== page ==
Obama endorses Russian proposal on Syria
on 11/09/2013 09:50:19
In a nationally televised address, the US president offered a rationale for greater US intervention in Syria's sectarian civil war while acknowledging that winning the hearts and minds of Americans to back another Middle East conflict remains a struggle.
The continued erosion of support in Congress for military strikes and the American public's resistance underscored Mr Obama's challenge.
The president said he had asked congressional leaders to delay a vote on a resolution authorising limited military strikes, a step that gives the Russian offer crucial time to work and avoids a potentially debilitating defeat for Mr Obama.
The president told war-weary Americans the use of chemical weapons poses a threat to US security and that America, with modest effort, "can stop children from being gassed to death".
He said he has ordered the US military to remain prepared to carry out attacks if needed, maintaining a credible pressure on Syrian president Bashar Assad.
Directly addressing criticism over his own vow of limited strikes, Mr Obama said some US politicians have said "there's no point in simply doing a pinprick strike in Syria".
"Let me make something clear: the United States military doesn't do pinpricks," the president said. "Even a limited strike will send a message to Assad that no other nation can deliver."
Speaking from the East Room of the White House, Mr Obama recalled the use of deadly chemical weapons in the trenches of the First World War and the Nazi gas chambers of the Second World War in insisting that the international community could not stand by after a chemical weapons attack last month in the suburbs of Damascus.
He blamed the chemical weapons attack squarely on Assad and warned that a failure to act would encourage tyrants and terrorists to use similar weapons.
"Our ideals and principals as well as our national security are at stake in Syria, along with our leadership of a world where we seek to ensure that the worst weapons will never be used," he said.
Polls showed that Americans, wary of another Middle East conflict, oppose the strikes. Lawmakers from both ends of the political spectrum said they would vote against the measure.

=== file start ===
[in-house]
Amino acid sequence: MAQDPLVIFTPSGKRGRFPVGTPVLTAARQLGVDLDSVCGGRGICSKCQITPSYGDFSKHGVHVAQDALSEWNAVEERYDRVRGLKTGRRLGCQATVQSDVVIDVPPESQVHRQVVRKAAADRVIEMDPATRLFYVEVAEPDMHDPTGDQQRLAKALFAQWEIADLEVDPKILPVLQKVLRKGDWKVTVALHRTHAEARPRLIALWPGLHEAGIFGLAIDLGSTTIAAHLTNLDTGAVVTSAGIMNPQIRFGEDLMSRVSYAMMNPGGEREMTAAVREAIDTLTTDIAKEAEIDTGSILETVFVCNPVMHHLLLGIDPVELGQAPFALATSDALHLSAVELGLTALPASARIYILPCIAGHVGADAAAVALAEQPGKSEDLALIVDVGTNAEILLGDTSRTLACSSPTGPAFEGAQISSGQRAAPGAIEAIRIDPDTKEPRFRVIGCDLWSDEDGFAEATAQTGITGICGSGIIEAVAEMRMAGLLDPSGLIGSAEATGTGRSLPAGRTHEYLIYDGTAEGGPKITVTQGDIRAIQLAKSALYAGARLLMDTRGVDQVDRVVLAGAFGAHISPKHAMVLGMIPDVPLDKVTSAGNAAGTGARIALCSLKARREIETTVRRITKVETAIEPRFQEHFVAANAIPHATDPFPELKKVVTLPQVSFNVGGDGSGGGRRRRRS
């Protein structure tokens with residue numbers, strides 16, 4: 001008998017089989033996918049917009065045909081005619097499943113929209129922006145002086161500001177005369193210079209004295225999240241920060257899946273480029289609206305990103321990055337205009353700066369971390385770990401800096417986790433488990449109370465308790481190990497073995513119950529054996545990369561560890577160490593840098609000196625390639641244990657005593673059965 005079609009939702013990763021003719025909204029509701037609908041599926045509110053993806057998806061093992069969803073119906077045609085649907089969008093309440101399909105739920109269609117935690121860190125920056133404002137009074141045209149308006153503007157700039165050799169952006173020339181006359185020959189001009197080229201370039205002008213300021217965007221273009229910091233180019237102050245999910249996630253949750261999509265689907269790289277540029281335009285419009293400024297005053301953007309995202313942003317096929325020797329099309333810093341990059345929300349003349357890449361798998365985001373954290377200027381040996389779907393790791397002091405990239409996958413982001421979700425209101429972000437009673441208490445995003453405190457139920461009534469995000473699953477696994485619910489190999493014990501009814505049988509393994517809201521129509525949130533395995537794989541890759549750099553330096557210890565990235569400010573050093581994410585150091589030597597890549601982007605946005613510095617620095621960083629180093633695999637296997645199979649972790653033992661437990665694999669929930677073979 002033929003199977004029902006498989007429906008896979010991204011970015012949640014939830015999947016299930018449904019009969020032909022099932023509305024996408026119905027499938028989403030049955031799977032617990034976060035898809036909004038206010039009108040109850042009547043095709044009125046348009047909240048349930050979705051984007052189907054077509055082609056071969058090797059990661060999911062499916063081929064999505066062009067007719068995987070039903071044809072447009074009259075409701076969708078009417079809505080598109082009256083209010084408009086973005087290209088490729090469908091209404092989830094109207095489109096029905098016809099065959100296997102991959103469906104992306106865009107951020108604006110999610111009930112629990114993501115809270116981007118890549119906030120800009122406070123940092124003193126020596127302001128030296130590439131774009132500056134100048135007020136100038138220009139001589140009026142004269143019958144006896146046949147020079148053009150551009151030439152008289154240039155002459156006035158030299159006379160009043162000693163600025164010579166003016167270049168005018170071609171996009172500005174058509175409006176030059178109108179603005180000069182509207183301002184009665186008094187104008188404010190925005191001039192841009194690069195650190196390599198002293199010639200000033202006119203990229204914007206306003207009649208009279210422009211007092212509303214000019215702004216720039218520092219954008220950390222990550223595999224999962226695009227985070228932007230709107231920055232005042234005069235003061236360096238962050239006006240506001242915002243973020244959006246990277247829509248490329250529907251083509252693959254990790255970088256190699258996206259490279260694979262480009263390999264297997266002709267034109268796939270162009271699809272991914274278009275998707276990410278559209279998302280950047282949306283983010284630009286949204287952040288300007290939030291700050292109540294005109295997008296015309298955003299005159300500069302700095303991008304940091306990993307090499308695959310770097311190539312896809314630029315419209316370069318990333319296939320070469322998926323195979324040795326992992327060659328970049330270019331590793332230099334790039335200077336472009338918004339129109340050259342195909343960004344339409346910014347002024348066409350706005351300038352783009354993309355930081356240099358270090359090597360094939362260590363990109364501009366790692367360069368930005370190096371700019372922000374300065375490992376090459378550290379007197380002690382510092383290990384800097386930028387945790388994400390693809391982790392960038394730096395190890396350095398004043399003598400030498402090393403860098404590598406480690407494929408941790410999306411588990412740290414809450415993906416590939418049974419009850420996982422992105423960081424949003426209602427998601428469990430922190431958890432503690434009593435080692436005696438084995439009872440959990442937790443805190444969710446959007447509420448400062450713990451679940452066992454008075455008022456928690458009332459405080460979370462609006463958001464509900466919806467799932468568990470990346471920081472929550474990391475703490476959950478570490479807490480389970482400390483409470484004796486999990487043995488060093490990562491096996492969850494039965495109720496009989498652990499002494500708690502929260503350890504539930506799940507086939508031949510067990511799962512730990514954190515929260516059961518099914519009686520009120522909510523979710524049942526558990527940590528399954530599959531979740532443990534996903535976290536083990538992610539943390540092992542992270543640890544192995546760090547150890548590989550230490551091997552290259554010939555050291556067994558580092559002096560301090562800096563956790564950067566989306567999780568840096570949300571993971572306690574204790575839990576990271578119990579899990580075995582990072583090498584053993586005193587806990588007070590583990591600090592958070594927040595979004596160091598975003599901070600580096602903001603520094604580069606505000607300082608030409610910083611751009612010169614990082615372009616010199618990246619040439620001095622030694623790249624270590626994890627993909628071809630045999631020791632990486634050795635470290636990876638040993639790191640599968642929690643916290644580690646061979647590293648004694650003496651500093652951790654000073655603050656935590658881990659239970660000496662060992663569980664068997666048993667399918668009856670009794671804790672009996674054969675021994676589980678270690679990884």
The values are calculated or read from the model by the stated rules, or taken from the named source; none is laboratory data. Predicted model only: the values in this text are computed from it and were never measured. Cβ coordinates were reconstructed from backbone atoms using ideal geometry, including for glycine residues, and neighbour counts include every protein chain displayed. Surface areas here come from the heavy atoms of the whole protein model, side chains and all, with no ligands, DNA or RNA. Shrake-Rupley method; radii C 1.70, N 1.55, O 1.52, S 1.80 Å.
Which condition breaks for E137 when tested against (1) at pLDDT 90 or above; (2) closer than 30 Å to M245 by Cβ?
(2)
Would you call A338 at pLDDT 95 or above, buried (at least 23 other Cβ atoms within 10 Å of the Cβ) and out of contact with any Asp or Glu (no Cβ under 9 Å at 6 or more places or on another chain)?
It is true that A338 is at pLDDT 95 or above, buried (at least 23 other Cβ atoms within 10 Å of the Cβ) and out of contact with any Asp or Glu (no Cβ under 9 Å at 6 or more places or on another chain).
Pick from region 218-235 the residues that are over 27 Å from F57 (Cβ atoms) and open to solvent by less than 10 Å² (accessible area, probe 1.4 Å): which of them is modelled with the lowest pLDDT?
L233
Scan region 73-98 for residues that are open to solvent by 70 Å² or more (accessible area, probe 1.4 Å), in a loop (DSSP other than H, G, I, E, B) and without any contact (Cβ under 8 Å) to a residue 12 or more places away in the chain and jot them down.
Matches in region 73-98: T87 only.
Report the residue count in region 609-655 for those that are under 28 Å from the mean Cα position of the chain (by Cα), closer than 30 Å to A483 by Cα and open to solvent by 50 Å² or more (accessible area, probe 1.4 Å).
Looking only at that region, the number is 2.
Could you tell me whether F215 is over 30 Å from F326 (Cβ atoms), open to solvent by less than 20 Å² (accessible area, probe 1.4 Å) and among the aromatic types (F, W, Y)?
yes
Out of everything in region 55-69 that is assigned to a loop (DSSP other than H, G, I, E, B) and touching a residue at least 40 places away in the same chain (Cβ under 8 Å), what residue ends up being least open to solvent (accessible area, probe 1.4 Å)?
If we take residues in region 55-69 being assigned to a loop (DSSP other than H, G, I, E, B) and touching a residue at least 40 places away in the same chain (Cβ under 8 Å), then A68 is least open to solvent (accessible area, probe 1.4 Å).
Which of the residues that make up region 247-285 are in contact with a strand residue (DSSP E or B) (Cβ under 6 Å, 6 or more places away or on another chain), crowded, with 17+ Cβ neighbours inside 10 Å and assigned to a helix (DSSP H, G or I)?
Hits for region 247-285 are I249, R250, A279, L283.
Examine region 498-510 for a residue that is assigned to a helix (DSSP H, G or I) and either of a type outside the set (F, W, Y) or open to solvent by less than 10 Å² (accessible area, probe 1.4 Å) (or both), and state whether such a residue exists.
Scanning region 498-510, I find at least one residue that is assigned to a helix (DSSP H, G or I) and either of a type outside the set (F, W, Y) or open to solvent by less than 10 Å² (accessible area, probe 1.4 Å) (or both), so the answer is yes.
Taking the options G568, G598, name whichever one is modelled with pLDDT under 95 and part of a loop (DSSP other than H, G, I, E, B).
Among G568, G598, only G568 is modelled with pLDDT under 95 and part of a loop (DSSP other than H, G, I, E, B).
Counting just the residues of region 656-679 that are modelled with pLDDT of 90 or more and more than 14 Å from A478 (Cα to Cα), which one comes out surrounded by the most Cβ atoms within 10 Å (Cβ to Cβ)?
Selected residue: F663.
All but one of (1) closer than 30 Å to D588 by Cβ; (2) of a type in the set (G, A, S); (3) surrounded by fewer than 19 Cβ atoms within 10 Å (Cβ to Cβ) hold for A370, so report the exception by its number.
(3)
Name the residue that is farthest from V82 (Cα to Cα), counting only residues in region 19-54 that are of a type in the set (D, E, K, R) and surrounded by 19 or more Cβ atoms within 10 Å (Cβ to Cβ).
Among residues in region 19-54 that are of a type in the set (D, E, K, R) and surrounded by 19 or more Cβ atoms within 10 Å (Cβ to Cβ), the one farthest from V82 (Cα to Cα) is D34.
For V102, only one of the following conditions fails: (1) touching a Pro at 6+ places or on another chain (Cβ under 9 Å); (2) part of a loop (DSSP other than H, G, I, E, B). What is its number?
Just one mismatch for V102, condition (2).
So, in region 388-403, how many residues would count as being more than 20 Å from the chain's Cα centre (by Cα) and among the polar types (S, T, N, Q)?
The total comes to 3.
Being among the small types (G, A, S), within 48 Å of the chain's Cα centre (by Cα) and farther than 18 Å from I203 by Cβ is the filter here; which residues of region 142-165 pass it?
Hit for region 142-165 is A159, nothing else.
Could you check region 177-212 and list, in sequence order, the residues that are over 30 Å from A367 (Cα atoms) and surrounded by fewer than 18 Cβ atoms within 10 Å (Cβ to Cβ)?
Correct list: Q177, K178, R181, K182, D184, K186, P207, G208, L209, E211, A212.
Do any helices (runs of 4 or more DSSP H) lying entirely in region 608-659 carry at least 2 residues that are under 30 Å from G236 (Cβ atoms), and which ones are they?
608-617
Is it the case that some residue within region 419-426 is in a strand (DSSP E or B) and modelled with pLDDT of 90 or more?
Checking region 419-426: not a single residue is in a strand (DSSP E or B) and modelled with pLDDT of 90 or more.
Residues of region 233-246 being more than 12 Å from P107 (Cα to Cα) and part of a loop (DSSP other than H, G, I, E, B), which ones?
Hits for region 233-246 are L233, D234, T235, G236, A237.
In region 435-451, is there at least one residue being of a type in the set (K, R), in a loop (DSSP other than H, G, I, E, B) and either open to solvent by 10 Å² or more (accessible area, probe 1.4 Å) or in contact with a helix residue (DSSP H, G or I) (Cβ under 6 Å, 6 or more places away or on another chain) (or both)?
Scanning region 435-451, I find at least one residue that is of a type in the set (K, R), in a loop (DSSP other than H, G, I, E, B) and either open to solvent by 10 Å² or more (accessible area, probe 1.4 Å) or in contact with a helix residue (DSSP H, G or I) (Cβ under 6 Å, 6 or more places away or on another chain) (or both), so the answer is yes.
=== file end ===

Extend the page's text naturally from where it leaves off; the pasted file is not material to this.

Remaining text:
Mr Obama said he was sending his top diplomat, secretary of state John Kerry, to Geneva for talks with Russian foreign minister Sergey Lavrov. He said he would continue his own discussions with Russian president Vladimir Putin and that the US and its allies would work with Russia and China to secure a UN Security Council resolution "requiring Assad to give up his chemical weapons and to ultimately destroy them under international control".
He said the Russian initiative "has the potential to remove the threat of chemical weapons without the use of force, particularly because Russia is one of Assad's strongest allies".
But the 16-minute speech generally made the case for military action. His arguments were both practical and emotional.
"If diplomacy now fails and the United States fails to act, the Assad regime will see no reason to stop using chemical weapons ... other tyrants will have no reason to think twice about acquiring poison gas and using it.".
Over time, he added, the weapons could threaten US troops as well as allies like Turkey, Jordan and Israel.
"America is not the world's policeman," Mr Obama said. "Terrible things happen across the globe, and it is beyond our means to right every wrong. But when, with modest effort and risk, we can stop children from being gassed to death and thereby make our own children safer over the long run, I believe we should act."